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Colonic stents for colorectal cancer are seldom used and mainly for palliation of obstruction: a population-based study


Self-expandable stents for obstructing colorectal cancer (CRC) offer an alternative to operative management. The objective of the study was to determine stent utilization for CRC obstruction in the province of Ontario between April 1, 2000, and March 30, 2009. Colonic stent utilization characteristics, poststent insertion health outcomes, and healthcare encounters were recorded. 225 patients were identified over the study period. Median age was 69 years, 2/3 were male, and 2/3 had metastatic disease. Stent use for CRC increased over the study period and gastroenterologists inserted most stents. The median survival after stent insertion was 199 (IQR, 69–834) days. 37% of patients required an additional procedure. Patients with metastatic disease were less likely to go on to surgery (HR 0.14, 95% CI 0.06–0.32, ). There were 2.4/person-year emergency department visits (95% CI 2.2–2.7) and 2.3 hospital admissions/person-year (95% CI 2.1–2.5) following stent insertion. Most admissions were cancer or procedure related or for palliation. Factors associated with hospital admissions were presence of metastatic disease, lack of chemotherapy treatment, and stoma surgery. Overall the use of stents for CRC obstruction remains low. Stents are predominantly used for palliation with low rates of postinsertion healthcare encounters.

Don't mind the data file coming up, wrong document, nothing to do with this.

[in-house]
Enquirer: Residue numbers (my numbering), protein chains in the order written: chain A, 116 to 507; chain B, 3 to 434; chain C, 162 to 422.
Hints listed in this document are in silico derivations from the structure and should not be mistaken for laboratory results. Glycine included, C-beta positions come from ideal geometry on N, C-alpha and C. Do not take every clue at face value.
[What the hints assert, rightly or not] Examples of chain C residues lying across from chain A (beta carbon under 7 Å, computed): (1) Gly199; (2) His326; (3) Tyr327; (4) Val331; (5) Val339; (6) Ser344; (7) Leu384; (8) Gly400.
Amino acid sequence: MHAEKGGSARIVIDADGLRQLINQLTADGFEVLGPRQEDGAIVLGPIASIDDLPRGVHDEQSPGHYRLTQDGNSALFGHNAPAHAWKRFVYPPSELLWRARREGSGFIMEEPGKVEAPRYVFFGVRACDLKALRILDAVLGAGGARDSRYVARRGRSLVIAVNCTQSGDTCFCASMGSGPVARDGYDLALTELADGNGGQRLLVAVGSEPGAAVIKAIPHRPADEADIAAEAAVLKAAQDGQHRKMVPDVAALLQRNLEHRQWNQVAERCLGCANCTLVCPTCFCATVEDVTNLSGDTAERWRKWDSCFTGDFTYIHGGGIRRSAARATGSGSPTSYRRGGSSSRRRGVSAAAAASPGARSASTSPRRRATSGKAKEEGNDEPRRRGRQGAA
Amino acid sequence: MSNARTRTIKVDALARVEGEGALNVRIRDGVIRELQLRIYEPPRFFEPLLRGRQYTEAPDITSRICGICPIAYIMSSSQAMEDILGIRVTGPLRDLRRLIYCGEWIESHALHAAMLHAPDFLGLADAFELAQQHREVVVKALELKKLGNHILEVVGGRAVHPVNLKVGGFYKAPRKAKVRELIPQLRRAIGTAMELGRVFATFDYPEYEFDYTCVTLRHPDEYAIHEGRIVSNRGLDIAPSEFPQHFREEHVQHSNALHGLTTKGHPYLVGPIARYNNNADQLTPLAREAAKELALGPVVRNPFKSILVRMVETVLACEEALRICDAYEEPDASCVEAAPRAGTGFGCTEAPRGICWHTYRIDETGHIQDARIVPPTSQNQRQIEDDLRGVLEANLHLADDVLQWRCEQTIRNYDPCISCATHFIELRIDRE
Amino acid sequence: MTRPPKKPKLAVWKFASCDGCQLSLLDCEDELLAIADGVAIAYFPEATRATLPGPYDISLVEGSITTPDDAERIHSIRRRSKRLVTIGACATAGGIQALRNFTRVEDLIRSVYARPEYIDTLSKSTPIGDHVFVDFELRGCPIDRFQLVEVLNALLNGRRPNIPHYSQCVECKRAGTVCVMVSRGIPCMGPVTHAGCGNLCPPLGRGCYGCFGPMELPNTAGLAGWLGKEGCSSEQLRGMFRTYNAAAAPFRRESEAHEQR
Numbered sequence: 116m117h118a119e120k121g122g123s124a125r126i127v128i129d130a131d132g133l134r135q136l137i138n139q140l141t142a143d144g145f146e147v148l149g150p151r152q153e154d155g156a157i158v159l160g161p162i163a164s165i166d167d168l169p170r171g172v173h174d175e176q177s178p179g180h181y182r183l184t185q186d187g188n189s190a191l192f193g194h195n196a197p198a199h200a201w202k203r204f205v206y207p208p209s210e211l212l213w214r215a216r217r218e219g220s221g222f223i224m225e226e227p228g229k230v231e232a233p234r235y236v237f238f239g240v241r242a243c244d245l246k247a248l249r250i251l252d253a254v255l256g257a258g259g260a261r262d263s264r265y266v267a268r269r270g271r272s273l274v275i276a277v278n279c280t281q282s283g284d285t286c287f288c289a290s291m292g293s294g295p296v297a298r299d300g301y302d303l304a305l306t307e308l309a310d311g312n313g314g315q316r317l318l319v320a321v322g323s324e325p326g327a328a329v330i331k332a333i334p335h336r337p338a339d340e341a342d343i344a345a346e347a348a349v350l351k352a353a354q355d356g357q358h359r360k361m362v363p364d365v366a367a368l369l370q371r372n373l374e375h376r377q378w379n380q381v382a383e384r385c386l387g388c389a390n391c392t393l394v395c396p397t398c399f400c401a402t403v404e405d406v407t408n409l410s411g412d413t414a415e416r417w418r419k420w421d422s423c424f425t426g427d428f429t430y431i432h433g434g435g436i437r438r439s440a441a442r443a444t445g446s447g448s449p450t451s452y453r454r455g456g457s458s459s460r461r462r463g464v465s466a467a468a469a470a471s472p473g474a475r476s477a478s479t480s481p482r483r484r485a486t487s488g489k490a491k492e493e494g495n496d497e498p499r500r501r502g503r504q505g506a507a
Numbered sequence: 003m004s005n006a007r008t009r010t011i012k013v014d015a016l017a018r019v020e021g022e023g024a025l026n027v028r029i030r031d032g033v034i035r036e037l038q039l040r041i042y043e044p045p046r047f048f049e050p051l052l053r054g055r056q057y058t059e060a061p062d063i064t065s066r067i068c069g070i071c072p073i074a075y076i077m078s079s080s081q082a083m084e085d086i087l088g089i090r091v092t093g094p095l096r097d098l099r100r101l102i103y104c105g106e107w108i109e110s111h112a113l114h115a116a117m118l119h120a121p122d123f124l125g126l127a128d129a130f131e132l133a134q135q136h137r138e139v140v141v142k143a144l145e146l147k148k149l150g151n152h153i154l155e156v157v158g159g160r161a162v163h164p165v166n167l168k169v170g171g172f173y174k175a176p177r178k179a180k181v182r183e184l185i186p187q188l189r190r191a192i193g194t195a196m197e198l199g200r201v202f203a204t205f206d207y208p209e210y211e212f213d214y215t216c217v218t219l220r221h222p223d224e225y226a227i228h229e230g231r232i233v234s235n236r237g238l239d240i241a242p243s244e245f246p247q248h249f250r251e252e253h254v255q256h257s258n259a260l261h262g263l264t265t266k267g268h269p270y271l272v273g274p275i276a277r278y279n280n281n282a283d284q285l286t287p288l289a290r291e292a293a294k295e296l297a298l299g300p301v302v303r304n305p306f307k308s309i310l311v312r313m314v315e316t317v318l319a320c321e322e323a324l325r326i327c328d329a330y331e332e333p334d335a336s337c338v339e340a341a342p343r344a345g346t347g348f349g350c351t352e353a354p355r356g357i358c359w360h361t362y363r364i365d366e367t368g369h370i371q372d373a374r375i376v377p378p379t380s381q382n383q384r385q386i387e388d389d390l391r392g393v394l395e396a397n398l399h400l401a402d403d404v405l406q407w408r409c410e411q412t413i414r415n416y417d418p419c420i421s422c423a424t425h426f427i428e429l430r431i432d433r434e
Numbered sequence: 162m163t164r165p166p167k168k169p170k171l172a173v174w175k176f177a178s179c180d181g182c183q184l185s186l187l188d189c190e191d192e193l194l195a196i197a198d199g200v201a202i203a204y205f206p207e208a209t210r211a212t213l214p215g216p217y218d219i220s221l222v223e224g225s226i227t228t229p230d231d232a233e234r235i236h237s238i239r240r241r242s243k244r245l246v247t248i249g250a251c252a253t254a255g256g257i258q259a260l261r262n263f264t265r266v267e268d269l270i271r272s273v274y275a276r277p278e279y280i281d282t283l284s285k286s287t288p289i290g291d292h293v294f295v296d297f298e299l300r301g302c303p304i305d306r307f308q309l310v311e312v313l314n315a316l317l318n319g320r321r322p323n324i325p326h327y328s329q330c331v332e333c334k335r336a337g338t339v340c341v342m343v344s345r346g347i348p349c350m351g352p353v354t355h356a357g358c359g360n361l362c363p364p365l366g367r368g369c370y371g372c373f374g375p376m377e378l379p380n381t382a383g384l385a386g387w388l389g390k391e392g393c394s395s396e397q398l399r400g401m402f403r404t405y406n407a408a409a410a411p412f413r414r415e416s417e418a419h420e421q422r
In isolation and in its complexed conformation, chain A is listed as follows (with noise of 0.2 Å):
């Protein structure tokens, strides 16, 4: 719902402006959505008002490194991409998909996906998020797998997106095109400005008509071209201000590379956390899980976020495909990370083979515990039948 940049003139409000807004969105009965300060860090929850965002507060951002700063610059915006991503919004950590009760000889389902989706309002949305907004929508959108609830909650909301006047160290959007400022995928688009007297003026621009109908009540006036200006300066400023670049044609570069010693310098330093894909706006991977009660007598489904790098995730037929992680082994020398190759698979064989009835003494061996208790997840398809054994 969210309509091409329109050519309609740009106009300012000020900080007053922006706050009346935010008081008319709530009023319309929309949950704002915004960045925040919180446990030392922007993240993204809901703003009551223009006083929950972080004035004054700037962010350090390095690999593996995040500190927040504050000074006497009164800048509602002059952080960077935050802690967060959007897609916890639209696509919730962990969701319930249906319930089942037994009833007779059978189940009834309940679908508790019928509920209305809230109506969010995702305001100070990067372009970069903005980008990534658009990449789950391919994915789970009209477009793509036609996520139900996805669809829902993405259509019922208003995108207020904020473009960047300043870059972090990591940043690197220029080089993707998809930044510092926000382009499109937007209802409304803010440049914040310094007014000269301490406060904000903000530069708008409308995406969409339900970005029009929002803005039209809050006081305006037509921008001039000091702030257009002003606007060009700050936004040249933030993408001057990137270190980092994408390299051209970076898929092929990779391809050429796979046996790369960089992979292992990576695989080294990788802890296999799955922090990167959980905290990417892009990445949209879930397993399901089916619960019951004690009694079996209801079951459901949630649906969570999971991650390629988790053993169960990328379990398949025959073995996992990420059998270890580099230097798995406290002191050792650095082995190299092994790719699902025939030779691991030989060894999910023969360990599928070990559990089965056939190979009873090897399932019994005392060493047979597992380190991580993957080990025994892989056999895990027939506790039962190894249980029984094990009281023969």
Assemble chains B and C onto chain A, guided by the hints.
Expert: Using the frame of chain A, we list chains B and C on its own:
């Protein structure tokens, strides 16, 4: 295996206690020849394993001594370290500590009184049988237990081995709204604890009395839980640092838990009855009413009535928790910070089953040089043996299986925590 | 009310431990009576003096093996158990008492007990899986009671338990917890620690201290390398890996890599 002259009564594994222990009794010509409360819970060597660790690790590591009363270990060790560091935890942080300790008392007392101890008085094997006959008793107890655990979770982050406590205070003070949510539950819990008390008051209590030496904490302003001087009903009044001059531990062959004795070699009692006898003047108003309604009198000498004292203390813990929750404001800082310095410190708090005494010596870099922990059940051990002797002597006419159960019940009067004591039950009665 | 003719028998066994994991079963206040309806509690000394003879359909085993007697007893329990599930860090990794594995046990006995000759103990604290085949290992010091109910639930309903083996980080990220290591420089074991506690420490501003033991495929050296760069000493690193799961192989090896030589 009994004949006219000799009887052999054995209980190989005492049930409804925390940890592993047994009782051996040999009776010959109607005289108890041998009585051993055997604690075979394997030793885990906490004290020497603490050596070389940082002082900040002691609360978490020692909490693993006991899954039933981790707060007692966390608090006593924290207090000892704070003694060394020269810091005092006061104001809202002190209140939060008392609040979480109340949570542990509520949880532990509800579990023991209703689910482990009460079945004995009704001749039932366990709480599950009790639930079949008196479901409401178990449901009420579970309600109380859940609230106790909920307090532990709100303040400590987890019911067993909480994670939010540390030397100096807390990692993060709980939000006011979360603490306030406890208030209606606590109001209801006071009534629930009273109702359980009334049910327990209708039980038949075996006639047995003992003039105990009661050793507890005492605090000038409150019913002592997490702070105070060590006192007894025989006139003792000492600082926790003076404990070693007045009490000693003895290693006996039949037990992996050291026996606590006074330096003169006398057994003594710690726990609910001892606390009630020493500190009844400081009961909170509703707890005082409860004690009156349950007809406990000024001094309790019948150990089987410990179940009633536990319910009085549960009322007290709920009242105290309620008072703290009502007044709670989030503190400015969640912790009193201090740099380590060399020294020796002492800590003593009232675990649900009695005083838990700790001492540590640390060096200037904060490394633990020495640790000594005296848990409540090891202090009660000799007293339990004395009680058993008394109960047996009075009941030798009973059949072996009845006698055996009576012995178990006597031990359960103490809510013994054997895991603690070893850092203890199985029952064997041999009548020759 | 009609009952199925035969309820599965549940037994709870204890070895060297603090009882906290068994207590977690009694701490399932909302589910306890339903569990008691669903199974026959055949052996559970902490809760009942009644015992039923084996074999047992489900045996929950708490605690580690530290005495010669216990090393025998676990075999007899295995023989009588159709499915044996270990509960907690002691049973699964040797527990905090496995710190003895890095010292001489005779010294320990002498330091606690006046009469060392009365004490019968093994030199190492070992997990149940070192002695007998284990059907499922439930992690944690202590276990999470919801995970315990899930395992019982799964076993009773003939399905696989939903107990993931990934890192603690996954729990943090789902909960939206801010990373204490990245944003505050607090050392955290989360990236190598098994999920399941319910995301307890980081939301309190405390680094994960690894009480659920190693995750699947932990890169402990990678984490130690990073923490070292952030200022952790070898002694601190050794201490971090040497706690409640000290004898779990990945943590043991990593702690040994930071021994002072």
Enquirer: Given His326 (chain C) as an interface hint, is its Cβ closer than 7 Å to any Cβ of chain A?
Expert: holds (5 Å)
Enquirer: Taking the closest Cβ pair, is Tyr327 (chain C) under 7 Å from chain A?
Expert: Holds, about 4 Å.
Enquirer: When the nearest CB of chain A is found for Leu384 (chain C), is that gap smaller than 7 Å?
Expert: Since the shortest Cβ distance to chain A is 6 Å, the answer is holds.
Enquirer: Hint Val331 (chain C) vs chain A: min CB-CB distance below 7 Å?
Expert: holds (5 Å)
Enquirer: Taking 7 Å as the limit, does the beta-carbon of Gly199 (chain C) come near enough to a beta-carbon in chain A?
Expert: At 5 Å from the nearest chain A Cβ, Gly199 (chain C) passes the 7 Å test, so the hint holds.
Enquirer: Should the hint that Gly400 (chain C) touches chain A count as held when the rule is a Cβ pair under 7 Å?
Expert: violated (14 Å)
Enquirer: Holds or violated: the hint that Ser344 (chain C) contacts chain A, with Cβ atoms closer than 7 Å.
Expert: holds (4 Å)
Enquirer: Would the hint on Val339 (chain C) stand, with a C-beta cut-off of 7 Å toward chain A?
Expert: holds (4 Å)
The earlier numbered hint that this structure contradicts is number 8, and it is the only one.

Borowiec AM, Wang CSK, Yong E, Law C, Coburn N, Sutradhar R, Baxter N, Paszat L, Tinmouth J. Can J Gastroenterol Hepatol. 2016; 2016:1945172. Epub 2016 Mar 29.

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